By Hugh J. McNichol
The season of Lent is once again upon us. The ashes of this week will remind us of our earthly mortality as we journey towards the expectation of Easter Resurrection.
It is a great liturgical season, destined towards a celebration of the Paschal Mystery, as well as a reflective period where we contemplate our lives and make adjustments to our spiritual course. In years gone by, this season was one that was highlighted by penitential actions, which asked us to “sacrifice” something during Lenten journey. Parochial grade school provided a forum which helped us as students to enhance our appreciation of this season with weekly Stations of the Cross and Benediction of the Blessed Sacrament, The Stations of the Cross written by Saint Alphonsus Ligouri was the version in the those days, and they illustrated the true suffering of the journey towards Golgotha.
Today, I frequently think about that journey and how we as modern Catholics are on our own journey to participate in the suffering, death and resurrection of Jesus in our daily lives. No we are not forced to walk the Via Crucis with a heavy cross beam, nor are we physically violated as on Jesus’ journey. We are however on a theological and mystical journey throughout our lives as we attempt to live a life in the modern world with so many secular alternatives to the Gospel message.
Lent is a fabulous time to contemplate the mystery of not only Christ’s redemption two thousand years ago, but also His presence in our lives today. It is an eschatological primer of our journey in faith and in life. Not only are we linked with the Eucharistic Lord in the Resurrection; we are also linked with Him in the trek from Bethlehem, at the manger to the cross outside of Jerusalem. This period of penitential symbolism permits us to focus throughout our physical journey in our daily lives and correlate our actions to the sacred journey we call Christianity.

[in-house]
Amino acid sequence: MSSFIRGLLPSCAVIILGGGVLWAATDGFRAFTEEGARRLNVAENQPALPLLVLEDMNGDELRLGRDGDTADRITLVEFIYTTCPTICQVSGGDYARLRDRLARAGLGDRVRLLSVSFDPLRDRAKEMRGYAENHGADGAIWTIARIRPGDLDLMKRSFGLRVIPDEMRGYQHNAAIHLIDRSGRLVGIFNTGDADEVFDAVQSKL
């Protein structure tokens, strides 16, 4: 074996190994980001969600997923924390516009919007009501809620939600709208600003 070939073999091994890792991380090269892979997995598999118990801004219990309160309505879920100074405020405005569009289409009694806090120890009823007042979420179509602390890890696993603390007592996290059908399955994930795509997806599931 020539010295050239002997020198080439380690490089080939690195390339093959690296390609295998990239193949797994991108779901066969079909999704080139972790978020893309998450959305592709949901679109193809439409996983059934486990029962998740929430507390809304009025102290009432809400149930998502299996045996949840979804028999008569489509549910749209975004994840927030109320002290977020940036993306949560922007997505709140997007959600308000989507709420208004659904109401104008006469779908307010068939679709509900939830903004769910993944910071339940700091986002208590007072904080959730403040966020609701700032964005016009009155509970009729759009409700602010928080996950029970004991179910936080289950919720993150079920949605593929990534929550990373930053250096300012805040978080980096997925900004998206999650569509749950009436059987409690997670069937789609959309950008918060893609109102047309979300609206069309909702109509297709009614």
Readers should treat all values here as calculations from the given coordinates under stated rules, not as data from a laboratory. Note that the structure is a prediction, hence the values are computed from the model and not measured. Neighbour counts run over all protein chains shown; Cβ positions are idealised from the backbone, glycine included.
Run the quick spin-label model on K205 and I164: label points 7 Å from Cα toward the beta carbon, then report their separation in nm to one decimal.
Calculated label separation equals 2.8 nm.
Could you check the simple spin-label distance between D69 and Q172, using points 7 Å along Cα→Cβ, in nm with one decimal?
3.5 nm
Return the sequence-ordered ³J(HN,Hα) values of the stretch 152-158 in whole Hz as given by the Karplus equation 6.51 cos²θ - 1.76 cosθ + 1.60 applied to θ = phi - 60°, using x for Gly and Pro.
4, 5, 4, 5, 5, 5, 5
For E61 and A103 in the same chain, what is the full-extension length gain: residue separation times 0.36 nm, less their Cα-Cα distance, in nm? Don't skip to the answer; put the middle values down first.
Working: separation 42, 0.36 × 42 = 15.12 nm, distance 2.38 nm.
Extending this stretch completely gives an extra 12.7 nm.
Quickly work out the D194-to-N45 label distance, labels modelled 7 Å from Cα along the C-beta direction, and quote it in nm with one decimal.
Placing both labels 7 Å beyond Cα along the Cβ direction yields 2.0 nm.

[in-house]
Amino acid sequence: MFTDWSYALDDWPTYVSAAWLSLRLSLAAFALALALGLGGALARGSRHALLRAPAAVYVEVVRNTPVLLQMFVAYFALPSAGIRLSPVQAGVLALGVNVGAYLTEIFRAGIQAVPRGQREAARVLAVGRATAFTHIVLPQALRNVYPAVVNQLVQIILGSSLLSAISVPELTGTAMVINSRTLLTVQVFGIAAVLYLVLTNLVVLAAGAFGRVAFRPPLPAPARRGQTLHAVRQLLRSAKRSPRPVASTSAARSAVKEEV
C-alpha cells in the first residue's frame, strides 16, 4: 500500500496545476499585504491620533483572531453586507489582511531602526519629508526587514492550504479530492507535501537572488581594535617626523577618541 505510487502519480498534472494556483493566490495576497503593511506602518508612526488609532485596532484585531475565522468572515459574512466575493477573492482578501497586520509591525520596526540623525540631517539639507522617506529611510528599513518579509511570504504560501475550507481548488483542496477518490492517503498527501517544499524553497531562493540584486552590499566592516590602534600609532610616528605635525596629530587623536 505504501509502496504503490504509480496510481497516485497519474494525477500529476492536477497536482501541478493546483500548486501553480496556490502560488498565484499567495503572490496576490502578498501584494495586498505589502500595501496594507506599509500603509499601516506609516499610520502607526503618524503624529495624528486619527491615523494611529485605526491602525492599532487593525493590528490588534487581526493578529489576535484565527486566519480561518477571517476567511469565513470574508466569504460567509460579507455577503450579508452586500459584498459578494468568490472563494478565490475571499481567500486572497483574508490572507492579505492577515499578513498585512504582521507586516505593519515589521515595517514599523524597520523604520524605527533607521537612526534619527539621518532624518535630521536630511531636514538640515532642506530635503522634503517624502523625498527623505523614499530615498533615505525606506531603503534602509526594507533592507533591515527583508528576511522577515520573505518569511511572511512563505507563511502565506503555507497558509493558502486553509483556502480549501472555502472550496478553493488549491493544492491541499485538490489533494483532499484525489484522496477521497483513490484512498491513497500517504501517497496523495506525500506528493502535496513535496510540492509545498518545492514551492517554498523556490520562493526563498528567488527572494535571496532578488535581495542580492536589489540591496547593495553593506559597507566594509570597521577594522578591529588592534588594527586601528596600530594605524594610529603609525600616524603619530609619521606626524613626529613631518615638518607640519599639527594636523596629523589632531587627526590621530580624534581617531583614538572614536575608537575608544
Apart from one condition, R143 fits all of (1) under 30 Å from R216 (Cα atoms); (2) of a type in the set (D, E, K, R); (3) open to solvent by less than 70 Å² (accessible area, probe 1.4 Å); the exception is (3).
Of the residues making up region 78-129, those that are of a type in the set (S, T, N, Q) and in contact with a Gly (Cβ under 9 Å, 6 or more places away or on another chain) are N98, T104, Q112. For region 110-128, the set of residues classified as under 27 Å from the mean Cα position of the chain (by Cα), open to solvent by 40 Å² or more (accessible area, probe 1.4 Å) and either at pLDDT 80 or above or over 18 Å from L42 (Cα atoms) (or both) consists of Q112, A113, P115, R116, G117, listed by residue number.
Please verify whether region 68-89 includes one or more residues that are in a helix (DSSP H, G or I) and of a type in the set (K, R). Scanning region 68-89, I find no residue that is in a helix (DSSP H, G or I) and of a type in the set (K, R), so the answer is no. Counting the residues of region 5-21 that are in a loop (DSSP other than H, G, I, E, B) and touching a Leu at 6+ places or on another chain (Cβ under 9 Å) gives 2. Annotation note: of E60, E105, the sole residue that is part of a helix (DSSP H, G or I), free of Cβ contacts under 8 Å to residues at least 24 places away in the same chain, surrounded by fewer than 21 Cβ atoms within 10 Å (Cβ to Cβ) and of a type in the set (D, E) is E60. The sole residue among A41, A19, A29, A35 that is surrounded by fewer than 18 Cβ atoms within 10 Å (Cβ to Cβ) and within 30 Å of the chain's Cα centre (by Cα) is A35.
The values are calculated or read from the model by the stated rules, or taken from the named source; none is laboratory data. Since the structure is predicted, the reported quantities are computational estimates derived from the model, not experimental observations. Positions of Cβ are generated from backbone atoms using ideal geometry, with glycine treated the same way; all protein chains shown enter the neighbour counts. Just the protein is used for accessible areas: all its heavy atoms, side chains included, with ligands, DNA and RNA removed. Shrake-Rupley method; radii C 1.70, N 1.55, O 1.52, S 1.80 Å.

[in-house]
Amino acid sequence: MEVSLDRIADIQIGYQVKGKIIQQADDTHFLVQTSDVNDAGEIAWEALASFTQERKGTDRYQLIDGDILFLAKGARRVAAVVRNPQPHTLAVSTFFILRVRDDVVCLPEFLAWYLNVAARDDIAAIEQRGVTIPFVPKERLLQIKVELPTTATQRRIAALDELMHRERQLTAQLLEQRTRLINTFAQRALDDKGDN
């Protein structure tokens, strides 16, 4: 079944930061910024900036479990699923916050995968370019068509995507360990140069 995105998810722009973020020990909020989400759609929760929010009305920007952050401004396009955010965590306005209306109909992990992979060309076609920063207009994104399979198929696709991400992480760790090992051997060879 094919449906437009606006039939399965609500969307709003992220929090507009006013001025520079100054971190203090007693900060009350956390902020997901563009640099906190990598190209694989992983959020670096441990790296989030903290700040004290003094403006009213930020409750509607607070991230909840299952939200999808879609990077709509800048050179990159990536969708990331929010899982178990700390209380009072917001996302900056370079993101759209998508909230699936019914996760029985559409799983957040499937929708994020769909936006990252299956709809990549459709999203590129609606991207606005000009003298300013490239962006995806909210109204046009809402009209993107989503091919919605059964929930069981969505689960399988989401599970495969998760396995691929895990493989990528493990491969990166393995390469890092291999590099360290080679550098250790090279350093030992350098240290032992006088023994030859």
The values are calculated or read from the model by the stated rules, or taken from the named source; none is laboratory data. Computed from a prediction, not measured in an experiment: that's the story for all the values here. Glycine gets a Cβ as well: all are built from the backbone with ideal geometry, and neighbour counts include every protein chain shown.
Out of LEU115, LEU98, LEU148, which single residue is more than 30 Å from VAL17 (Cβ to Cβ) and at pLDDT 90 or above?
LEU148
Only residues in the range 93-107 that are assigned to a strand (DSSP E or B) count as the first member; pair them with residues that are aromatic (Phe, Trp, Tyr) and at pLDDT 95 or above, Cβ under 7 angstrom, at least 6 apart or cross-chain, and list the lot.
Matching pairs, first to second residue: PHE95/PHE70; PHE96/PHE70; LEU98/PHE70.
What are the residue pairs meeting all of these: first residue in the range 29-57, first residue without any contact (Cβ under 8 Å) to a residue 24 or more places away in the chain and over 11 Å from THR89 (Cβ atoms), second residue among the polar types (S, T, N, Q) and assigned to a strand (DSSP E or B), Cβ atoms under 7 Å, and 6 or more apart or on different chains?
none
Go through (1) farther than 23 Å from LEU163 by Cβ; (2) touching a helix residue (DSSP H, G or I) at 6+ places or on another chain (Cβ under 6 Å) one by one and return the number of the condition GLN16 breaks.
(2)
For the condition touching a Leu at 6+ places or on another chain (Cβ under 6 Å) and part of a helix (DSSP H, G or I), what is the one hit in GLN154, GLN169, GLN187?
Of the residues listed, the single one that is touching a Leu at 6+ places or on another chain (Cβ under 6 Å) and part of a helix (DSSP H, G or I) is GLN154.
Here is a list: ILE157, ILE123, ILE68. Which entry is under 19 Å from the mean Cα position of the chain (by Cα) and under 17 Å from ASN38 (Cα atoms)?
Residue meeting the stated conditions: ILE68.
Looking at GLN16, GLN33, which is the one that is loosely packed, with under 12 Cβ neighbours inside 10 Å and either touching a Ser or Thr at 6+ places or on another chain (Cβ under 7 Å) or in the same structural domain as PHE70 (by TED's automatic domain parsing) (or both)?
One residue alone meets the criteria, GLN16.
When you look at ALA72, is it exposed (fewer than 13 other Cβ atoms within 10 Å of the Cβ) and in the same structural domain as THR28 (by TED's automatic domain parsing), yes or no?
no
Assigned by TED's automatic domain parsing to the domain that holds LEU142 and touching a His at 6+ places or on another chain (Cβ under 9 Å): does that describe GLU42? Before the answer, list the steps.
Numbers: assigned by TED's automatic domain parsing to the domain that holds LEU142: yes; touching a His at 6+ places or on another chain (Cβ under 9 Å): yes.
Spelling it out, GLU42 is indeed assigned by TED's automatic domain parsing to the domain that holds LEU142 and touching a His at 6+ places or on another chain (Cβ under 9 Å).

Do we need to “sacrifice” things from our lives as we did as children during Lent? Fondly, I remember my grandmother giving up cakes and cookies for the period of 40 days, she went to Mass every day, said the Rosary and went to Communion. At the end of Lent, there was always a magnificent outpouring of cookies, cakes and candies at my grandparent’s home.
Celebration of , the completion of the journey, the end of the fast and the arduous survival of the penitential season, but most importantly a truly human appreciation of the value of new life that was generated with the dawn of Easter. The meatless Fridays, the additional rituals of Stations of the Cross, Rosaries and other practices were over, replaced with gustatory celebrations with confections that would send most of us into a diabetic coma.
Today, we might be compelled to sacrifice things that are not related to foods, sweets and indulgences. Perhaps we could as our Lenten sacrifice provide some actions and activities in our lives that could enhance our brothers and sisters in the world.
Operation Rice Bowl is always an exceptional practice of sacrificial offerings for the less fortunate. But how about spending some time actually working in a soup kitchen, or a food bank in the parish. Not only contribute to the funding of such admirable causes but actually participating in their mission.
Volunteer to visit the sick and infirmed, the local parish priests cannot get to see all of the parishioners in all of the institutions, all of the time. Ask your parish priests if they have any need of your help during the Lenten journey. Better yet, commit Lenten exercises to not only 40 days, but to the whole year. Catholicism in action really helps take our academic and intellectual Catholic value to a higher level of participation in the Gospel. We actually share the Lenten trip with others, Catholic and Non-Catholic, those blessed with fortune, as well as those that are unfortunate.
Share Christ his journey and sacrifices with others around you. When this is possible, then we come to understand more clearly our participation in the Body of Christ. During the Lenten period, we will gain new appreciation and understanding of our fellow believers and their chronological journey towards the reality of …life with Jesus.
Lent is a period of preparation for the glory of the Easter reality of Christ’s Resurrection. It is also a period that calls all believers to participate in the journey towards Easter that transcends beyond just 40 days of isolated personal sacrifices. Lent shouts to us as the period which calls our internal reflection of faith to external actions and conversion to a new way of looking at life.
Dorothy Day, the founder of the Catholic Worker’s Movement was famous for not only suggesting Catholic action, but also actually putting Catholic actions to work. She fed the hungry, housed those without a place to go, and championed the underprivileged. Like her our pilgrimage towards Easter should reflect her sentiments, “There’s work to be done!” We should get out there and do it together on our Lenten journey towards Easter.
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Hugh McNichol - author, 302 6339348
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